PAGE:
You are currently viewing Why One Player in Volleyball Has Different Uniform than their teammates?

Why One Player in Volleyball Has Different Uniform than their teammates?

Often wondered why one player was in a different volleyball uniform than their teammates? Volleyball is a team sport featuring six players from each side. Five team members wear same-colored jerseys whereas the sixth player wears a different-colored uniform. This sixth team member specializes in defending the volleyball by passing it to the defense lines and is allowed placement which seems necessary for the team. In volleyball, this sixth player or libero is officially required to wear contrasting jerseys to get distinguished from other team members.

If the team jersey is light bluish or off-white, a libero is required to put on darker shades so that the jury and spectators could easily identify them according to FIVB regulations. Similarly, if team jerseys are darker, liberos must wear light-colored uniforms. Moreover, liberos are permitted special privileges such as unlimited replacements whereas other teammates are only allowed six substitutions per game. Another exclusive rule for liberos is that they are not allowed to attack the ball over the nets or defend, or directly block when the ball’s height is over the nets which means they must pass the ball to fellow team members who are then allowed to throw the ball through the dividing net.

Introduction of Liberos in Volleyball

Liberos were first featured in International Volleyball as specialized back-row defenders in the 1998 FIVB World Championships. In the subsequent years, all the Volleyball organizations accepted the change because of the speed and action these specialist players carried in the game. In later seasons starting in 1999, USAV, NCAA, and NFHS adopted ‘libero laws’ for men’s and women’s volleyball ties.

The most extravagant aspect of liberos was differently colored jerseys from other team members. When the rules changed and the game picked up enormous pace post-1998, FIVB amended the rules to allow two liberos in a team, of which one player stays inside the court and the other on the sidelines for a replacement anytime during the game. The game evolved and so were the rules in upcoming tournaments. Libero regulations were first tested internationally in Olympics 2000 and are since part of the Olympics rules for indoor volleyball games.

What Differentiates Libero from their Team Members?

The introduction of liberos has added agility and efficiency to indoor volleyball games. There are several traits a libero must have to utilize their distinct position in favor of their team:

  • They must be great passers
  • Liberos ought to be swift and accurate in locating the opponents’ offenses to be there when the ball comes their way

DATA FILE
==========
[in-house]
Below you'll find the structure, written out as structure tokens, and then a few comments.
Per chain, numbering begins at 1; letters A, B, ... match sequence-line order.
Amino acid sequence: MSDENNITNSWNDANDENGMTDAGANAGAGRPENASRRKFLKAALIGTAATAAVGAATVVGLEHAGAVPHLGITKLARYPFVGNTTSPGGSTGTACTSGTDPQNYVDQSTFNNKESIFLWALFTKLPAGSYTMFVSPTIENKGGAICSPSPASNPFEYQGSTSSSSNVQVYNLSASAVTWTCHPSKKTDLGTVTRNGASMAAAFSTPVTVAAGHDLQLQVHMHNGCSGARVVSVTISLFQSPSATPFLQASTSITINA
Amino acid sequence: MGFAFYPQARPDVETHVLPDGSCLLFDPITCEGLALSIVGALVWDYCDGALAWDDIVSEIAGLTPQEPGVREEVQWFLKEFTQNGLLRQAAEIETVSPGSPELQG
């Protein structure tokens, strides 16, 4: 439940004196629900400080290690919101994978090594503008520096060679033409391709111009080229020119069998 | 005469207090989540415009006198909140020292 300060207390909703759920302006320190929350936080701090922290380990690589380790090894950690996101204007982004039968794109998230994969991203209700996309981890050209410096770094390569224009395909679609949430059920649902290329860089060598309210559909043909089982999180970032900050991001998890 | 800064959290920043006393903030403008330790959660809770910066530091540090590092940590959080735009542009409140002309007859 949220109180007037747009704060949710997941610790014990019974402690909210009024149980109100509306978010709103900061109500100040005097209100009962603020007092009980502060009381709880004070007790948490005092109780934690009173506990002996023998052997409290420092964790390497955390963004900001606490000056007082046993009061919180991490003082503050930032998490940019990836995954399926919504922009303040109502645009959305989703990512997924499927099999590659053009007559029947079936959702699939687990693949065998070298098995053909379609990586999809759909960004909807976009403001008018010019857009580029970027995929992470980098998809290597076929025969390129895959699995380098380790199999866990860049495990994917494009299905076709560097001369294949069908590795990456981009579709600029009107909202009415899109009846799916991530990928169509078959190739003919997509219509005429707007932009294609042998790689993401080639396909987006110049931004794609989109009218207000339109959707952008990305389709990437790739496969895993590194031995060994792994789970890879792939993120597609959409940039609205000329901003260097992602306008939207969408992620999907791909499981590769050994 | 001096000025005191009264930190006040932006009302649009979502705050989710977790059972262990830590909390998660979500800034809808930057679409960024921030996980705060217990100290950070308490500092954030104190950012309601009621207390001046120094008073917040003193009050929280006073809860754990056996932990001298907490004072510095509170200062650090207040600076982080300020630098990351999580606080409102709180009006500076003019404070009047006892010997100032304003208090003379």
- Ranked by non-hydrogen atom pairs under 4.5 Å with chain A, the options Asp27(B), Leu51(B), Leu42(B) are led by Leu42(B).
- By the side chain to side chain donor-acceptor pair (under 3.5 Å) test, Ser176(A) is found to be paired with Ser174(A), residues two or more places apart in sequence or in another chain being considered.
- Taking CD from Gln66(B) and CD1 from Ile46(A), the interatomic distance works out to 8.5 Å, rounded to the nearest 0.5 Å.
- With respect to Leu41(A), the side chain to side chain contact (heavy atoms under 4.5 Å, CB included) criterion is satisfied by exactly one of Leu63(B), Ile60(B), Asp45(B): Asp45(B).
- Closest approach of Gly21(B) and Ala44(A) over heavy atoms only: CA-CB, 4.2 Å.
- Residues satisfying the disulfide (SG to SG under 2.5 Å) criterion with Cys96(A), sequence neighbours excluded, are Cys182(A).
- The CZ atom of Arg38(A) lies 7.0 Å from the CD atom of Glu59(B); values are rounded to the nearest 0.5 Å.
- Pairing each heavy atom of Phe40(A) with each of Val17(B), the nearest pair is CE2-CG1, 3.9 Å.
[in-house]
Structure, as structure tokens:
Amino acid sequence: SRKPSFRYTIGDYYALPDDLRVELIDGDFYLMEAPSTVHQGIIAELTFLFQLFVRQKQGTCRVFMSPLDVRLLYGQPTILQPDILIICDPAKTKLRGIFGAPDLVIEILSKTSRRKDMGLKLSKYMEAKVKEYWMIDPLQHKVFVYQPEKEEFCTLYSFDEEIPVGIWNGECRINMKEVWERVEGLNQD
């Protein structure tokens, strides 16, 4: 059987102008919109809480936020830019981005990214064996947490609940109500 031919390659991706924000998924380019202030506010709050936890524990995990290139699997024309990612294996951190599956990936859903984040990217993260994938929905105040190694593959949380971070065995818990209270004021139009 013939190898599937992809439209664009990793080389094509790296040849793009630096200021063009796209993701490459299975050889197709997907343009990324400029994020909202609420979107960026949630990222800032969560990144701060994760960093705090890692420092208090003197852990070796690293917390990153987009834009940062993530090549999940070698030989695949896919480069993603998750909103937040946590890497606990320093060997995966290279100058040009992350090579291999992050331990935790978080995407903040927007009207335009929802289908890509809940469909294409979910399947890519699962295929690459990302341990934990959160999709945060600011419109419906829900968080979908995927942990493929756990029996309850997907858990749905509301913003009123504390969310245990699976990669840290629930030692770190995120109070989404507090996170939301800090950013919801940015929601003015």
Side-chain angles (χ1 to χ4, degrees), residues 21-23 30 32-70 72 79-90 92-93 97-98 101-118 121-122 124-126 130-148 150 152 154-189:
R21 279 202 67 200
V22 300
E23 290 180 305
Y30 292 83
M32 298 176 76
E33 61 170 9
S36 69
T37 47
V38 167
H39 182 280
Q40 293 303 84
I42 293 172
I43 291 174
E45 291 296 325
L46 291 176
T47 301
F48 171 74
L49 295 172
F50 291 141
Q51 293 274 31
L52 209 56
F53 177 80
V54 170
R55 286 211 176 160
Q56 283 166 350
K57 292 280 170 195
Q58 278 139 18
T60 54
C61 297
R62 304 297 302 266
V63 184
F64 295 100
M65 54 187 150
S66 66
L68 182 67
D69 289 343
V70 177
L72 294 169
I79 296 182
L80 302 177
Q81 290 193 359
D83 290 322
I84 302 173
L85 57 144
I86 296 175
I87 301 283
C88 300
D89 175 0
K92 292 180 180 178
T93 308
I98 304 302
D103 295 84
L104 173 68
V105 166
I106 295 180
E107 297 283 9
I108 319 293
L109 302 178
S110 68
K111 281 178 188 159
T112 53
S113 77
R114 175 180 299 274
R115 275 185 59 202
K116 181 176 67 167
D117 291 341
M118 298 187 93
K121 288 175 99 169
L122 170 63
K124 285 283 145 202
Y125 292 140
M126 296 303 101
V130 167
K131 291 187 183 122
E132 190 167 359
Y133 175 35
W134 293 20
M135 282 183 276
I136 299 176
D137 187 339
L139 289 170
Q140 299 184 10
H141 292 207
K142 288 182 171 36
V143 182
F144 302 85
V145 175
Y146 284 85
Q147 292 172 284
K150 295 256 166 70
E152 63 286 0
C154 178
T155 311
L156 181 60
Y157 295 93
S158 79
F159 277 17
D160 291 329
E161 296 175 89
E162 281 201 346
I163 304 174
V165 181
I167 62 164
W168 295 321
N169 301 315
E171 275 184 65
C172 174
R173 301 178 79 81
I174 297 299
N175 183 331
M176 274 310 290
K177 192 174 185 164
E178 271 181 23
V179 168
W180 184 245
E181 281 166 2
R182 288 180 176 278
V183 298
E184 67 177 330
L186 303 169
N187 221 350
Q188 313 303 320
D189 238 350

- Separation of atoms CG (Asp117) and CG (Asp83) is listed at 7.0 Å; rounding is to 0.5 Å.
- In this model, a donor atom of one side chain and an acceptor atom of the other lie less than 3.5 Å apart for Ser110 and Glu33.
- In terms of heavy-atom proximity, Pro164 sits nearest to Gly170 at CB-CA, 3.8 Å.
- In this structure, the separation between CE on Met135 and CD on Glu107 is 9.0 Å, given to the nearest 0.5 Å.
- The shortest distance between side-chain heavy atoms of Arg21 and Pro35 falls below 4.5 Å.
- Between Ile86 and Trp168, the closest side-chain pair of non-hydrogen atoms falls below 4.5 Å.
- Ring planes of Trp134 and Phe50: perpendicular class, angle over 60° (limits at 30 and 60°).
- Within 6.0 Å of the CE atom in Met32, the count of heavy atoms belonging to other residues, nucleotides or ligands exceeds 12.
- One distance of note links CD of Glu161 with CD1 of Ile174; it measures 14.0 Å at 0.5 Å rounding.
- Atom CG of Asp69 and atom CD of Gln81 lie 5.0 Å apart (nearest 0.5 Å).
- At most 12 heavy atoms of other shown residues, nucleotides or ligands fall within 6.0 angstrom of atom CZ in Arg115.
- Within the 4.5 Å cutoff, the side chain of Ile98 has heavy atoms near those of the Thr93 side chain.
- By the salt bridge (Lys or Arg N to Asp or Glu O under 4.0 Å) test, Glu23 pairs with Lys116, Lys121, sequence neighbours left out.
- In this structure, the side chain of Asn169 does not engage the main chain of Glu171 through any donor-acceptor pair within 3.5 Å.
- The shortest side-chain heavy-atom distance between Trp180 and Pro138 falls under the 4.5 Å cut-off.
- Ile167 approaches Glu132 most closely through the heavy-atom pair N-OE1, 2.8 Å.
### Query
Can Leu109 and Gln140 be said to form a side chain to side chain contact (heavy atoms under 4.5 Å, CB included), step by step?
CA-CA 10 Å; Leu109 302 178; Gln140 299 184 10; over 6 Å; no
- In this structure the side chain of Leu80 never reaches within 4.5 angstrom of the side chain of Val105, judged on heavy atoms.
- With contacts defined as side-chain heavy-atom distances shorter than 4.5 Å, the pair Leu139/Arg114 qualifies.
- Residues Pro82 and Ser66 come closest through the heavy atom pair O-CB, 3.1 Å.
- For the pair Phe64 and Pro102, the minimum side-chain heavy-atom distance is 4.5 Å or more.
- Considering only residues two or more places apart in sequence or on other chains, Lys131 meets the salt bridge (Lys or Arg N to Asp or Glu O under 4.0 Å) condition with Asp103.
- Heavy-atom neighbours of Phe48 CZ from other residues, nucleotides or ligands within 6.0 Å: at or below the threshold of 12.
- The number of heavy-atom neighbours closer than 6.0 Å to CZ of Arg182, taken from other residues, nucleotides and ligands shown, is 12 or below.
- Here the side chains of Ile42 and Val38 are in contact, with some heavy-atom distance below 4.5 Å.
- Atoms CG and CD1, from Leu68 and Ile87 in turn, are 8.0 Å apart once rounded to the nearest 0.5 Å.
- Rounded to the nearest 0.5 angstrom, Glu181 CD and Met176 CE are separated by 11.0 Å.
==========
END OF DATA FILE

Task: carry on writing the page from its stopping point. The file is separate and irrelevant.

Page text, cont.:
• Liberos must have strong mental abilities to assess and defend the opponents’ attacking areas
  • Liberos should pass back to the defense lines for a reattack instead of attacking themselves as a direct attack from liberos would result in penalty points to the team

Dos and Don’ts for Liberos

Liberos are officially the back-row defensive players according to Federation of International Volleyball rulebooks. However, they can move between the middle and back positions to defend the ball. Liberos are extremely supple as they swiftly move around throughout the receiving positions in the game. If you are a newcomer to volleyball, here are a few dos and don’ts that must be considered before applying for the specialist position:


  • Liberos are allowed unlimited ‘replacements’ which are not counted in the team’s ‘substitution’ tally.
  • The libero may replace the serving player to serve the ball in players’ circulation order.
  • Liberos can be chosen as captains.
  • If a libero is injured, he can be replaced by another libero. The injured libero cannot play for the remainder of the game in a specialist defender position. However, the libero can rejoin the team as a regular player in the ongoing match.
  • Liberos can also be replaced for injured players if there is no replacement left on the team. They need to switch libero jerseys into regular colors to continue as regular players.
  • The induction of liberos results in longer rallies, which make them instrumental in the game.


  • Liberos must not block the incoming ball directly.
  • Liberos must not serve in the game.
  • Liberos are not allowed offenses, which means they cannot throw the ball across the dividing net.
  • Liberos are allowed unlimited replacements except for when they are next in line for serving.
  • If a team has two liberos, only one can be present on the floor at the same time.
  • Liberos also cannot spike the ball or rotate it towards the front positions.

Leave a Reply